The Bridge was a stark contrast to the affected area itself—it was like a ghost town. The streets were deserted, lifeless except for a small crowd hovering around the one working outlet at the fire hall like it was a lifeline. The constant hum of the city that never sleeps is known for was silenced for the first time in my experience. Funny that something that you can be completely unaware of most of the time can be so disarming in it’s absence.
My guest and I split different ways as I walked home in the absence of public transportation, and she headed back to her place to gather her things for a longer stay chez Hotel Me. Every couch in my burrow now seemed to have a similar occupant.
That night was a blur of horrors—dreams melted to nightmares as sweet scenarios turned to shit and loving familiar faces distorted and became monstrous. As I slowly drifted to consciousness my last vision was of me, sleeping just as I was in my bedroom. A shadowed demonic specter hovered in the air next to my head whispering awful things to my vulnerable subconscious in its dream state. It had followed me home that afternoon from the city, hitching a ride with the fleeing masses.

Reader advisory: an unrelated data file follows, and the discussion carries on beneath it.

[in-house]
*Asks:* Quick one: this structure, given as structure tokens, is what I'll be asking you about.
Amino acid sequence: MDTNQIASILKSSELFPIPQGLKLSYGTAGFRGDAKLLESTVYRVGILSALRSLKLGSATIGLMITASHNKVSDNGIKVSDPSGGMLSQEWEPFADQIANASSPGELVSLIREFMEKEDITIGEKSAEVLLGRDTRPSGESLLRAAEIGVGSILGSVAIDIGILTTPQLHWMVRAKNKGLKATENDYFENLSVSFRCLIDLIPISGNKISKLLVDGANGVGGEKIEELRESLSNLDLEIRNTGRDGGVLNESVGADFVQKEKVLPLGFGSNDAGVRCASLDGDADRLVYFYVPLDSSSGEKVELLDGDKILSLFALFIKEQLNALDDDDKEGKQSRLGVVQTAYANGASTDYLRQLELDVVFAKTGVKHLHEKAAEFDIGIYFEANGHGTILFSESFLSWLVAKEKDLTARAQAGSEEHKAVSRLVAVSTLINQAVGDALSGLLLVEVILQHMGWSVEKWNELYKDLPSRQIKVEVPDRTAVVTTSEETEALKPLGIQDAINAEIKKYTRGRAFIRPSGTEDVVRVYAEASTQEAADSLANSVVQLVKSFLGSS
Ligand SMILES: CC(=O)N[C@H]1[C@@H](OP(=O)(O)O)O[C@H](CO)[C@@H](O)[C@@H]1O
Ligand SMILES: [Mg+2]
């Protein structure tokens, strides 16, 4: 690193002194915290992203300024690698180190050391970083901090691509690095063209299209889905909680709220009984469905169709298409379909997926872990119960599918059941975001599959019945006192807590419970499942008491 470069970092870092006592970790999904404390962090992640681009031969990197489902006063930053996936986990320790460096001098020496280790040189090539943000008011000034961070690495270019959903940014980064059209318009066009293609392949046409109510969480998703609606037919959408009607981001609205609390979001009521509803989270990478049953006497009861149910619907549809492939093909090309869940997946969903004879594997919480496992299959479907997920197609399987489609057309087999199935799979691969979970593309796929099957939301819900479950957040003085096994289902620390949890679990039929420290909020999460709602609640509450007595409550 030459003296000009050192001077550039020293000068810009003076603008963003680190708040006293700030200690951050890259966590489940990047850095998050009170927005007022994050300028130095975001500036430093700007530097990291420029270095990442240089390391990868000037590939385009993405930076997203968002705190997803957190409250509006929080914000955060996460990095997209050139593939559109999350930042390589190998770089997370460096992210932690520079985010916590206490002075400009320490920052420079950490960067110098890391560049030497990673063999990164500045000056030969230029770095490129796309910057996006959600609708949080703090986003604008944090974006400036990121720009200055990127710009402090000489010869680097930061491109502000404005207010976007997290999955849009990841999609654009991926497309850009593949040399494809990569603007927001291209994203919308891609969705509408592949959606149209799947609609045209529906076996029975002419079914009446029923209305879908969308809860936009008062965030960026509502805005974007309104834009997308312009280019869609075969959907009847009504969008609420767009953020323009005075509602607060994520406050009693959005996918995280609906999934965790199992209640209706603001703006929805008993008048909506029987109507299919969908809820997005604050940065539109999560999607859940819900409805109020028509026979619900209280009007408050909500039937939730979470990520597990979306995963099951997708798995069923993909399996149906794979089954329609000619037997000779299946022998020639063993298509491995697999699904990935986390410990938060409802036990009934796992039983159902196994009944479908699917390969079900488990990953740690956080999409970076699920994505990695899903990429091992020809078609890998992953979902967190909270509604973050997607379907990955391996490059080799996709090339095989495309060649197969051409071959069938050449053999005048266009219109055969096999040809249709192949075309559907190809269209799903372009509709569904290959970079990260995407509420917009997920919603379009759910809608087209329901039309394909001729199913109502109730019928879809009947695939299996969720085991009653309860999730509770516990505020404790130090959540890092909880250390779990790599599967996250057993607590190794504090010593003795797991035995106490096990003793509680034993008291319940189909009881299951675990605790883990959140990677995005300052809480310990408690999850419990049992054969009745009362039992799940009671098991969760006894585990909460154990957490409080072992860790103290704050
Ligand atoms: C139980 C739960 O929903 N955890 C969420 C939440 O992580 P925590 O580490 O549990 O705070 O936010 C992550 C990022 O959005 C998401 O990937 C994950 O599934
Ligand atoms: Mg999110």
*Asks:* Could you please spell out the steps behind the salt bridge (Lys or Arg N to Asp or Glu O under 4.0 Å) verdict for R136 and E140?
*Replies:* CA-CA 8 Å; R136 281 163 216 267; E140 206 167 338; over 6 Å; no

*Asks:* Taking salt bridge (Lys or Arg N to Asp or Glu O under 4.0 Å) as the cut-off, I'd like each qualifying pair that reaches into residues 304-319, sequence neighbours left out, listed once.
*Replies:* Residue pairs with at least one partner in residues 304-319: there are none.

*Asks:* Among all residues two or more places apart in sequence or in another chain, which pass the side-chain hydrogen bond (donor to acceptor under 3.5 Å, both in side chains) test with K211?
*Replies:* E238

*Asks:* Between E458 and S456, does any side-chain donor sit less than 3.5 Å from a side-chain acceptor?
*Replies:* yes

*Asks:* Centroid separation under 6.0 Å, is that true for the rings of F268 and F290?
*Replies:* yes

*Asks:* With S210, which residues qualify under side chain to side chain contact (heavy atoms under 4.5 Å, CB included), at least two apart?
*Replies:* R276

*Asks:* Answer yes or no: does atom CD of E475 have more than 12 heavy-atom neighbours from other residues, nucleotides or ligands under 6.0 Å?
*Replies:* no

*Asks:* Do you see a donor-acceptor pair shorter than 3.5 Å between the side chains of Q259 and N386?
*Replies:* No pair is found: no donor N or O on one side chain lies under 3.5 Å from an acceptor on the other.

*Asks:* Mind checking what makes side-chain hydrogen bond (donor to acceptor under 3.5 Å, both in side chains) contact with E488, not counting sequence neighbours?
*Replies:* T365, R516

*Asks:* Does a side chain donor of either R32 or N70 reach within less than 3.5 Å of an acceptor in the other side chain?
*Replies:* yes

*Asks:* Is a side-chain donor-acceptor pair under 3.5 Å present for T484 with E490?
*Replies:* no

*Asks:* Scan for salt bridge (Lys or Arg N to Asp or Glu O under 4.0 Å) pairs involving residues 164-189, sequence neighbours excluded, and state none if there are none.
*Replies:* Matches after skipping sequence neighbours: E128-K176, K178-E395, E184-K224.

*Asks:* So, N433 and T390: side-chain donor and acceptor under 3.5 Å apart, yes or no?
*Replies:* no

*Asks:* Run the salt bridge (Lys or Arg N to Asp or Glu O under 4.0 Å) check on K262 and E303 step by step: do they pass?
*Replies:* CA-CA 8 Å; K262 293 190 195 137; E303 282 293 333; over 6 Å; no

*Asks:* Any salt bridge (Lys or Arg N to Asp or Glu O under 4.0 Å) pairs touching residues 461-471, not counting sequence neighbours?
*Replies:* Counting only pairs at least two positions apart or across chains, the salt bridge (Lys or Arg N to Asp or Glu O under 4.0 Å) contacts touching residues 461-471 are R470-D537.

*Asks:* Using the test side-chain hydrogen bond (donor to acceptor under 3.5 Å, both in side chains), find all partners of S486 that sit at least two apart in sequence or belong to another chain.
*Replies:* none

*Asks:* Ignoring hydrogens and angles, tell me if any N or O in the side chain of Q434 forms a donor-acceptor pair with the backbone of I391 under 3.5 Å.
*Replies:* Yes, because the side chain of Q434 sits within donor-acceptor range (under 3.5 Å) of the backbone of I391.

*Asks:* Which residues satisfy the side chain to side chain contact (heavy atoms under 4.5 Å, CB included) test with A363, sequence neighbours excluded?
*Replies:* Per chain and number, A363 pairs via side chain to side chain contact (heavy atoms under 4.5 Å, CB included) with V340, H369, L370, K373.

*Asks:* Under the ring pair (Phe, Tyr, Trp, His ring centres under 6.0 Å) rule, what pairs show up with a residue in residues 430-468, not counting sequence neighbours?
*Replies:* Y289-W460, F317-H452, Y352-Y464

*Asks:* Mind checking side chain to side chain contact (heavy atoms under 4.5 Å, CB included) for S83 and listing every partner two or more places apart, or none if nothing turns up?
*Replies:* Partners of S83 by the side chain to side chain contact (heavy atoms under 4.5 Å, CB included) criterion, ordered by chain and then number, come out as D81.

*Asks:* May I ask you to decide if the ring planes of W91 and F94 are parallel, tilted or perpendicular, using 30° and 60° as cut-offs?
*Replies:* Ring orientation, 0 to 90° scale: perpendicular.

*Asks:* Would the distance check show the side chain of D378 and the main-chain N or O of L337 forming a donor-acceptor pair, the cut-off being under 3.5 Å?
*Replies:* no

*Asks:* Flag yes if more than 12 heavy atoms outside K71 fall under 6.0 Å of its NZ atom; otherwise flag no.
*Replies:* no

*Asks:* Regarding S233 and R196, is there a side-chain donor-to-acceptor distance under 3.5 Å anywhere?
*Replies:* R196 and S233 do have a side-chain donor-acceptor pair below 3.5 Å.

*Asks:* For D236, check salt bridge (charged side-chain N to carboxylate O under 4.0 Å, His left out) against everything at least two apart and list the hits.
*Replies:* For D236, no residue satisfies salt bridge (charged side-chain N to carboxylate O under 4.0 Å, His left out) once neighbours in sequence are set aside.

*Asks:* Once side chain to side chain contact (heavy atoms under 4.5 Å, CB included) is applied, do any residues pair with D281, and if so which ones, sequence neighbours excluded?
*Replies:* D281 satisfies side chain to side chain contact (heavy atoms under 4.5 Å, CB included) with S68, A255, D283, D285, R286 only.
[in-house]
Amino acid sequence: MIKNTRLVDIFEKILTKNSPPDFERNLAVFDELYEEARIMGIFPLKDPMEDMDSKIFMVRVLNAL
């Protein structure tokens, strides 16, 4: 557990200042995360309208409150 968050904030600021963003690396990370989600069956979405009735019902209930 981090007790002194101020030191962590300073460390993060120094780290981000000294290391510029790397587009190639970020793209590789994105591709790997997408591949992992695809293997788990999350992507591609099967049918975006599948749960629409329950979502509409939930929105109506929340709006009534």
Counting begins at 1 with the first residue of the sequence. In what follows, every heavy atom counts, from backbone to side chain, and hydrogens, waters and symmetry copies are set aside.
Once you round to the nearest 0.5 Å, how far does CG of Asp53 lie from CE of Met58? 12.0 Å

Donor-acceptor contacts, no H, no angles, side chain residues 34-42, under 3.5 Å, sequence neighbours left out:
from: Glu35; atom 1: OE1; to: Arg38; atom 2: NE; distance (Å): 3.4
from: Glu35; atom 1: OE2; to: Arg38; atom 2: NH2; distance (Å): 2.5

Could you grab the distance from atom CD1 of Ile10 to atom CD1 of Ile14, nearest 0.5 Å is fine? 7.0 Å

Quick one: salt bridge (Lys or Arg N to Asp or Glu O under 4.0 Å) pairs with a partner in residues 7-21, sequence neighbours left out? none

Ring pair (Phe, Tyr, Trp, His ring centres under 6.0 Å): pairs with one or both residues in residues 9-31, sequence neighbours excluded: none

Finally, my eyes opened but instead of a ghost by my head it was my black cat on the nightstand. She was batting at something in the air above her, where the demon was in my dreams. She then followed the unseen thing, chasing it into the wall. My eyelids now peeled back and my eyes popping like grapes from my skull. They were not going to shut again anytime soon. I scooted up so I was sitting up with my arms around my knees. My imagination begins to run rampant—It was just a dream, right? Ghosts aren’t real. Was it my brain’s interpretation of an insect buzzing around in the dark? Maybe the sight of seeing the displaced fleeing their homes had a greater impression than I thought. Or maybe the living weren’t the only things fleeing the city core.
I can hear my friend role over in the adjacent room. She’s fairly superstitious so maybe I won’t tell her about my dream… not yet anyway. Not until I have a chance to sage the house… you know… just in case.
Are you watching, Orion? Your 3 little belt stars sparkling bright in a line to guiding my walk home. If I was the wishing sort it would be to Orion, as on these long night escapades where he is my only company I begin the ridiculous notion that he’s my guardian, my friend, always the gentleman seeing me safely to my door step.
I make this walk a lot, the one at around 3 am from the bar to my house. I love this time of night when it’s quiet and dark. It clears my head to feel the cold clean northern wind that comes down from northern Pacific, sobering me up from my night’s activities. A time to think about what was said, what was done, before leaving the mess to my dreams to clean up. The walk is long enough that I always have to make a stop. When nature calls I find a dark unpopulated alley to cop a squat where no one will catch me.